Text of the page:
The idea of bringing a political thriller to life has long been percolating in playwright Jim Gordon's mind, and, come Friday, Feb. 21, area audiences will have a chance to see the story he has brewed up.
"The Governor's Son" will premiere at the Powerhouse Theatre in New Canaan, where the Town Players of New Canaan will present what Gordon calls a murder-mystery within a political power play.
The main character, Richard Meeks, who is played by Frank Speranzo, is a successful politician, who is running for the U.S. Senate after having served a successful six terms as U.S. congressman. Meeks has largely benefited from the protection and advice of his father, who himself was a powerful governor.
"The old man wanted his kid to be a congressman and he was the kind of guy who would resort to anything to make it happen," said Gordon, who lives in Norwalk. "Because of this situation, a murder took place."
It is now 12 years later and Meeks is forced to deal with that situation because of a crusading district attorney -- played by Leighanne Champion -- who is bent on investigating the connection between Meeks' success and the murder.
The political team that surrounds Meeks, including his mother (played by Davina Porter) and an operative known as Brodsky (played by Larry Greeley), has tried to keep Meeks clean all these years and continues to shield him from what is going on "behind-the-scenes."
But, the apple does not fall far from the tree, and Gordon has created a story that reveals that there is more to Richard Meeks than one might think.
"One of the reasons this story is so appealing ... is the relevance," said Tom Butterworth, a New Canaan resident and veteran actor who will be making his directorial debut with the piece. "Everyone is aware of corrupt politicians ... (but this story) offers an insight into how a person could become corrupt and live in that persona. (Meeks) is aware that his family has secrets in the closet, but he never had an incentive to go and look."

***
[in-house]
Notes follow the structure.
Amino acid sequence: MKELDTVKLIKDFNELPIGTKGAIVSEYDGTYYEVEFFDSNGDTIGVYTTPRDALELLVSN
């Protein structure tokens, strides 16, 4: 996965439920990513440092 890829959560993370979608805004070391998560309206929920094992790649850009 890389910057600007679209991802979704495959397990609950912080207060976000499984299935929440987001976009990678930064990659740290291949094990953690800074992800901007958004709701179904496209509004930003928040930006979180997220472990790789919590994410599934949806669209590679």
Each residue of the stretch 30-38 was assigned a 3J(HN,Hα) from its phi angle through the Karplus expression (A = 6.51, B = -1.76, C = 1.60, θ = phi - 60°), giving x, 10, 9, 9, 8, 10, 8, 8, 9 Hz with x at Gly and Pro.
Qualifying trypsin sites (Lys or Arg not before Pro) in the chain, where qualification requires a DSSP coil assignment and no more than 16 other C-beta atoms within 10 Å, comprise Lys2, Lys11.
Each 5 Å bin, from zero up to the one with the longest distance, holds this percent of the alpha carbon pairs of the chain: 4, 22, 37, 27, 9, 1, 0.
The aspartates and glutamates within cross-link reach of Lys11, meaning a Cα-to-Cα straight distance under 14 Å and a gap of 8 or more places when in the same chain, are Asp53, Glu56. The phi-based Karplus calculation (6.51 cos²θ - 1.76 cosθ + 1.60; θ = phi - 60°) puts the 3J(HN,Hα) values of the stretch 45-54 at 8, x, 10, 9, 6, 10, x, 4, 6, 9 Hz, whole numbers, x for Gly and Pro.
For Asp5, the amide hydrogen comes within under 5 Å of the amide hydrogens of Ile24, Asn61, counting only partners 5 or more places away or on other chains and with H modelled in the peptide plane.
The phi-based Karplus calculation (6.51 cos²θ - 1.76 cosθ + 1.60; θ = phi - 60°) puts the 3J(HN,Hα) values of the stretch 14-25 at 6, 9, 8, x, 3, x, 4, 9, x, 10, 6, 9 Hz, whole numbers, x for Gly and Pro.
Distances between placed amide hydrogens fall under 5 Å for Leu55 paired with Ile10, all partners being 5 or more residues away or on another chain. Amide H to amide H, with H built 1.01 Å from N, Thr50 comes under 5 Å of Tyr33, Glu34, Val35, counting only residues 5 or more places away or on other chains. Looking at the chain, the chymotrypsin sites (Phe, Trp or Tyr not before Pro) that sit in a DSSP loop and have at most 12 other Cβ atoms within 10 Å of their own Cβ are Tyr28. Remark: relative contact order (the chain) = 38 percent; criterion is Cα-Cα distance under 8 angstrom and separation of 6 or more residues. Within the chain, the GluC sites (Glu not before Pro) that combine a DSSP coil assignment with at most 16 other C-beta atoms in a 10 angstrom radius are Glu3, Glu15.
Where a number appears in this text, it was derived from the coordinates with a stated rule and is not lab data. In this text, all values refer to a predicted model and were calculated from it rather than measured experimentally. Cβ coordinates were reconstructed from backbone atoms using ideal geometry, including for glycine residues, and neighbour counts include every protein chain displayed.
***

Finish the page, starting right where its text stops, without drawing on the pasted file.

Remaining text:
Butterworth said Gordon's deft handling of the characters and their relationships give the story depth and further intensify the intrigue as characters' choices are revealed.
Although certain politicians inspired Gordon as he put words to paper, he said Meeks, and the people who surround him, are an amalgamation of multiple candidates and the operatives who surround them. Gordon said he is intrigued by the way so many candidates change while in office, although, in the case of Meeks, his formula stays the same -- follow the prevailing political winds.
"The reason he is advancing ... is because he never takes a stand," Gordon said. "Everybody likes him because he does nothing."
Gordon, who has been writing plays for the past 12 years, said he enjoys writing about the kind of "rough-and-tumble" characters in this play, who have a veneer of respectability, yet are morally challenged when it comes to getting what they want.
"The tension just builds and builds and builds," he said, adding that with each passing day more and more fingers are pointed and more characters are pushed to the breaking point.
Gordon and Butterworth hope audiences come out for this new work, which is a break from the more classical repertoire that typically graces the Powerhouse stage.
"We all loved the play, and it is beautifully written," Butterworth said.
Christina.email@example.com; Twitter: @xtinahennessy